This article appeared in the March 2015 ASX Investor Update email newsletter. To subscribe to this newsletter please register with the MyASX section or visit the About MyASX page for past editions and more details.
By Michael Gable, Fairmont Equities
If you have been outperforming the sharemarket in the past few years, chances are you have been holding some quality healthcare stocks. Three years ago the S&P/ASX 200 health care sector index was under 9000 points. This year it has hit 18,000.
Although much of the heavy lifting has been done by CSL, it is worth looking at other quality healthcare stocks. Some have been steadily increasing for the past few years; others have underperformed their peers.
The charts give some insight into how some of these stocks are tracking and what the future might hold. This month I look at Ramsay Health Care (RHC), Sonic Healthcare (SHL), Primary Health Care (PRY) and ResMed (RMD).
(Editor's note: Do not read the following ideas as stock recommendations. Do further research of your own or talk to a financial adviser before acting on themes in this article).
1. Ramsay Health Care
Ramsay Health Care is a global hospital group, better known in Australia as an operator of 66 private hospitals, and has been one of the better-performing health stocks in recent years. From under $20 three years ago, it is now trading above $60.
It has been one of those companies that have frustrated investors on the sideline. It tends to trade on a price-earnings (PE) ratio between the mid-30s to 40. When the overall market averages a ratio of just over 14 times, Ramsay always looks expensive.
That has kept some investors on the sidelines, but it is important to realise that some companies are expensive for a very good reason.
Looking at Ramsay's chart over the past few years, we can see it has steadily traded higher, generally moving at a 45-degree angle with only the occasional easing off for the market to digest the bullish move.
We can look at momentum indicators that suggest the stock is overbought, but these danger signs have been flashing up since the stock was trading in the $20s.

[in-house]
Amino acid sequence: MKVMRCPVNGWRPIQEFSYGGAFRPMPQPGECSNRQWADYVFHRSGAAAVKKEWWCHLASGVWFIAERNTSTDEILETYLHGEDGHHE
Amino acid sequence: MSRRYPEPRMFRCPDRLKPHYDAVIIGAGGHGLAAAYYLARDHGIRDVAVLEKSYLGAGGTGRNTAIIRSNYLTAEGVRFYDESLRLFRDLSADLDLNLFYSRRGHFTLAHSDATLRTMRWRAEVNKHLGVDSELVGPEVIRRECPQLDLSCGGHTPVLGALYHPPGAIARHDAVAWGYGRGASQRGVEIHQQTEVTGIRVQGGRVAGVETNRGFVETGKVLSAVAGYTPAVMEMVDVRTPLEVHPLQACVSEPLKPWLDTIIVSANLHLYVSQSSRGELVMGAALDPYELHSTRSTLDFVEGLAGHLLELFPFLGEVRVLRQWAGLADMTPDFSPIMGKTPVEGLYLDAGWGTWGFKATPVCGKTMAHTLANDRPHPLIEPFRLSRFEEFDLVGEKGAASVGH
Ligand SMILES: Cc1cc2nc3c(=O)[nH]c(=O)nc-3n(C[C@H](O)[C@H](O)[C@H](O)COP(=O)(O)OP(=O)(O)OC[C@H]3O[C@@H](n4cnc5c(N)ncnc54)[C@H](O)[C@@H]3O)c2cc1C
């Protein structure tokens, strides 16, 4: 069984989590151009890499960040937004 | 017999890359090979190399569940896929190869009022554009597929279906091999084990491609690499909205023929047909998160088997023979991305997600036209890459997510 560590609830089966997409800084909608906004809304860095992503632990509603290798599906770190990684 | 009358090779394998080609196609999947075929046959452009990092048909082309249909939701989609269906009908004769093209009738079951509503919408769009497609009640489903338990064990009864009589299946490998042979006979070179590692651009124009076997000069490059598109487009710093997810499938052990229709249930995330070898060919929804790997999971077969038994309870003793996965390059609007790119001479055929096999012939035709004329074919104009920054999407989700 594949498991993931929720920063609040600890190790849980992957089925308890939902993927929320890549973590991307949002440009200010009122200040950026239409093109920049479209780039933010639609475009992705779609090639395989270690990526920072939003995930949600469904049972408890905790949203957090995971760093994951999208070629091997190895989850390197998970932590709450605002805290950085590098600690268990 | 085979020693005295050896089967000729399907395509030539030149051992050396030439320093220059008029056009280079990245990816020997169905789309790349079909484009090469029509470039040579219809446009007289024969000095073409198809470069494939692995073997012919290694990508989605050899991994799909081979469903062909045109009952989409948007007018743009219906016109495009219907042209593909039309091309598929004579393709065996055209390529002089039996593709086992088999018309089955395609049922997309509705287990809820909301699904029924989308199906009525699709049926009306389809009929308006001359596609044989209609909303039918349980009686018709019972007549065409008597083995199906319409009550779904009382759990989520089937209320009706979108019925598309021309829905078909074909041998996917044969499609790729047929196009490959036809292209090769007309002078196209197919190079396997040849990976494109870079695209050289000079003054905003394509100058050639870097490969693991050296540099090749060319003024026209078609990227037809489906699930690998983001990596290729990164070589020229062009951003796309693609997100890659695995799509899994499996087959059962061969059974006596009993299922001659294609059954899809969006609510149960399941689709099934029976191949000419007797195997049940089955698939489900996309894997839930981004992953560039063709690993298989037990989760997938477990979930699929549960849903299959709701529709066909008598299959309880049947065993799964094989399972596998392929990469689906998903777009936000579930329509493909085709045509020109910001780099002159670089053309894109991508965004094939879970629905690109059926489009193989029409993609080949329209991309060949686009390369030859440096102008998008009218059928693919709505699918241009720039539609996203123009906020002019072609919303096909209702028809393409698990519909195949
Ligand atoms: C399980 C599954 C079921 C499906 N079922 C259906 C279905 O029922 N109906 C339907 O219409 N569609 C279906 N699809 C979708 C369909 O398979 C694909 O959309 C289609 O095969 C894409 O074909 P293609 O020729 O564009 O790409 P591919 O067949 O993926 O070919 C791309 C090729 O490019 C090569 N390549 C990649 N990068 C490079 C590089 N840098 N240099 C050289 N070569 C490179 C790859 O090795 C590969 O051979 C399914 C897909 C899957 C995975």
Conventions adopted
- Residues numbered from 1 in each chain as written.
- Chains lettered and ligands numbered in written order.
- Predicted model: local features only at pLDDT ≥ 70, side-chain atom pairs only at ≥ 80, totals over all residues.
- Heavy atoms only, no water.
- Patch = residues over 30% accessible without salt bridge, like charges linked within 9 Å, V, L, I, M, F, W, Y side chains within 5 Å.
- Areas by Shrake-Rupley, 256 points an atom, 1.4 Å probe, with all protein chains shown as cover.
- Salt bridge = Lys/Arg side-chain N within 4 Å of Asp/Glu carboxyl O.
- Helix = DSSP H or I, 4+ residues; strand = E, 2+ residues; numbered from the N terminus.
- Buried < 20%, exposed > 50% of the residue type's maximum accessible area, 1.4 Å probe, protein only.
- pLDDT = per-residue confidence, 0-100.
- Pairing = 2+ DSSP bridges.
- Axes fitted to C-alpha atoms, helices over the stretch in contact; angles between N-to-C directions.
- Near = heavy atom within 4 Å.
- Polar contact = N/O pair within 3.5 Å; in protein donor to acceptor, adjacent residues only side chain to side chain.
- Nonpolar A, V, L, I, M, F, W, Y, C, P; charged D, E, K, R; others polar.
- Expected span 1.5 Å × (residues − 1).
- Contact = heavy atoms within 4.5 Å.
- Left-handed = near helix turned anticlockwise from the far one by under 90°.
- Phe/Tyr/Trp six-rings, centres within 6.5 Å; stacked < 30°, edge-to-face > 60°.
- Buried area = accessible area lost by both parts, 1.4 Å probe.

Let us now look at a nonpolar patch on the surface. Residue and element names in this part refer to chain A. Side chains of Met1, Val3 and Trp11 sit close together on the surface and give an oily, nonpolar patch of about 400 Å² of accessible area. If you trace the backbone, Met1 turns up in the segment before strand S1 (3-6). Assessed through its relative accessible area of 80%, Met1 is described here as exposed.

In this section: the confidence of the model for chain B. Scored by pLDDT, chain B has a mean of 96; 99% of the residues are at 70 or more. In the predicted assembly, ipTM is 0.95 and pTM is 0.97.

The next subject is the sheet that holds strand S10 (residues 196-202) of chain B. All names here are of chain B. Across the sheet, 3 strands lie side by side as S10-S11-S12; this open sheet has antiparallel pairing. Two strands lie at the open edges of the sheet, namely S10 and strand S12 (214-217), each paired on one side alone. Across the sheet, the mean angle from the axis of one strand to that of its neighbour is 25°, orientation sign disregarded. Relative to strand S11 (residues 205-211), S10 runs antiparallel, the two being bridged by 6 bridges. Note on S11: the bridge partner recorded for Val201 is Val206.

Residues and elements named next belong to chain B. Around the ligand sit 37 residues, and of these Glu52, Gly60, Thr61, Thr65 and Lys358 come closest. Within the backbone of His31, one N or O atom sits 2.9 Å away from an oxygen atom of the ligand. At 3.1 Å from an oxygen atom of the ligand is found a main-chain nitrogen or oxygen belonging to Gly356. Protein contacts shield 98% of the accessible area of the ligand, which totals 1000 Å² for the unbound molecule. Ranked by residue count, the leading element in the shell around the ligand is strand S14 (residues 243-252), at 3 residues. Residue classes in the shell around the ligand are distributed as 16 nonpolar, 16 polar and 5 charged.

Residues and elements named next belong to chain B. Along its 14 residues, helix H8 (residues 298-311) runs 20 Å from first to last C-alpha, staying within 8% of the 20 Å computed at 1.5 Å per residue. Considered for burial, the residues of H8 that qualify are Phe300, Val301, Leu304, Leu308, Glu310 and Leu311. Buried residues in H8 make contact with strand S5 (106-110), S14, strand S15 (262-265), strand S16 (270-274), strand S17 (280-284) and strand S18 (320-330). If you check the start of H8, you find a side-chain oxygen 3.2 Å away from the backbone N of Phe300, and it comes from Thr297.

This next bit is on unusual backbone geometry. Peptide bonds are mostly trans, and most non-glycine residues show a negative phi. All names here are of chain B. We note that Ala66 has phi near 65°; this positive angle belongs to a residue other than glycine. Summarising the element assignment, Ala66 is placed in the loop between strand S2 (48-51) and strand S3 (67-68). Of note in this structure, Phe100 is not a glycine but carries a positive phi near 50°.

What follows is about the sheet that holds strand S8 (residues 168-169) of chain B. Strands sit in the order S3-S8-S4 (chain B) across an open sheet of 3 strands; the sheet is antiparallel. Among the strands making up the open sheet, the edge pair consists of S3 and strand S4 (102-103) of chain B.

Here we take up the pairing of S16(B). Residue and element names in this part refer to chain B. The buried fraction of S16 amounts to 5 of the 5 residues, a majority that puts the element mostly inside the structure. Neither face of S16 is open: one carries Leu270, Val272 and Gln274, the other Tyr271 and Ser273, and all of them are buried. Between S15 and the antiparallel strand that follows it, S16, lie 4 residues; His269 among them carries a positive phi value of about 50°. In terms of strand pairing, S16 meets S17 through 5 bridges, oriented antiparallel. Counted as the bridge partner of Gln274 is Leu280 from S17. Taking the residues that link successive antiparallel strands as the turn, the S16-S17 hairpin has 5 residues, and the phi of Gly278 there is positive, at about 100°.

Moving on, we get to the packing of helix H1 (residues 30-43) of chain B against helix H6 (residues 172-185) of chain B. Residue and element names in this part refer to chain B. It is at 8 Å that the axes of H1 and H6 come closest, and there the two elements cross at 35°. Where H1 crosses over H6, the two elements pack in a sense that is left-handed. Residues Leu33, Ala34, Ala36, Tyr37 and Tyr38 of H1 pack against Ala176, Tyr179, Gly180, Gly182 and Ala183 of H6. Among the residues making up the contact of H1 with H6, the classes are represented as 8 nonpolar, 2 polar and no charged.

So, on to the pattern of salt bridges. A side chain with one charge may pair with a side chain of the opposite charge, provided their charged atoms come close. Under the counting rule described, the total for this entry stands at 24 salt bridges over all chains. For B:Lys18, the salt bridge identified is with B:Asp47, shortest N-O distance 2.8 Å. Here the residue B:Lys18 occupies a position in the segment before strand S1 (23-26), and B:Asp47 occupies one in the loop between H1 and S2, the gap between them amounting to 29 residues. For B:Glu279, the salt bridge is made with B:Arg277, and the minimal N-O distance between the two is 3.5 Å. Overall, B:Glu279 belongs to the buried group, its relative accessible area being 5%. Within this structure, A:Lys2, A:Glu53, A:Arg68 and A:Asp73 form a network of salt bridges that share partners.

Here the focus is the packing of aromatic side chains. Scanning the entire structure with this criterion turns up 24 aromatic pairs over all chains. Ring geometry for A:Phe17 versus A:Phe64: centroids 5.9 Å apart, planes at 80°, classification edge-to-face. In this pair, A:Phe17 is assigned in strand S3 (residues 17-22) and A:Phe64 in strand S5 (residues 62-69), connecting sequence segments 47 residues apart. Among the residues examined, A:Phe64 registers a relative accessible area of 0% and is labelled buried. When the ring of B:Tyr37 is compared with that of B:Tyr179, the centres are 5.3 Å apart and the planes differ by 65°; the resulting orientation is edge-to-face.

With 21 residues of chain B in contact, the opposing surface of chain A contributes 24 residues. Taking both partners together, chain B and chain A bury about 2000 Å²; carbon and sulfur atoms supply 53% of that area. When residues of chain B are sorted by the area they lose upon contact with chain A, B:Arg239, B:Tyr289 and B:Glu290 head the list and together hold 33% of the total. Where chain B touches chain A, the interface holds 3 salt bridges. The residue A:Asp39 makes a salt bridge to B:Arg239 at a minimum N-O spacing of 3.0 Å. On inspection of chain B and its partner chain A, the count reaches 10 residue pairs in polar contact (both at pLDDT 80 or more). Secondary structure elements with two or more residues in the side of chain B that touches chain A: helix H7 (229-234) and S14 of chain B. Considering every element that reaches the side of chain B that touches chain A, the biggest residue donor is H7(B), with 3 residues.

It is important to realise that in a strong trend, it is OK for a stock to look overbought. As long as the trend is up, it is usually profitable to stick with it.
Investors who have taken this advice have been rewarded with a tripling of their money in the past three years. At the time of writing, Ramsay was yet to report its half-year results, but provided it does not disappoint and break the uptrend, the market is telling us it is happy to push this stock even higher.
2. Sonic Healthcare
The trend is clearly up, but the share price movements have been a lot more volatile in comparison to Ramsay. Volatility increased noticeably last year when there were concerns that a GP co-payment could affect the business. With those fears fading, Sonic has continued to march higher.
The extra volatility in the stock means the dips are sizeable enough to find a good entry point. I would be looking for a dip closer to $18, which would be right on the longer-term uptrend line (show by the blue line on the chart above).
3. Primary Health Care
Primary Health Care owns a network of medical centres along with pathology services. Its performance has not been as impressive as Ramsay or Sonic over the past three years. Initially from its lows in 2012, the stock quickly doubled in value but it has then spent nearly the past 18 months drifting down.
This compares to Ramsay and Sonic steadily trending higher the whole time.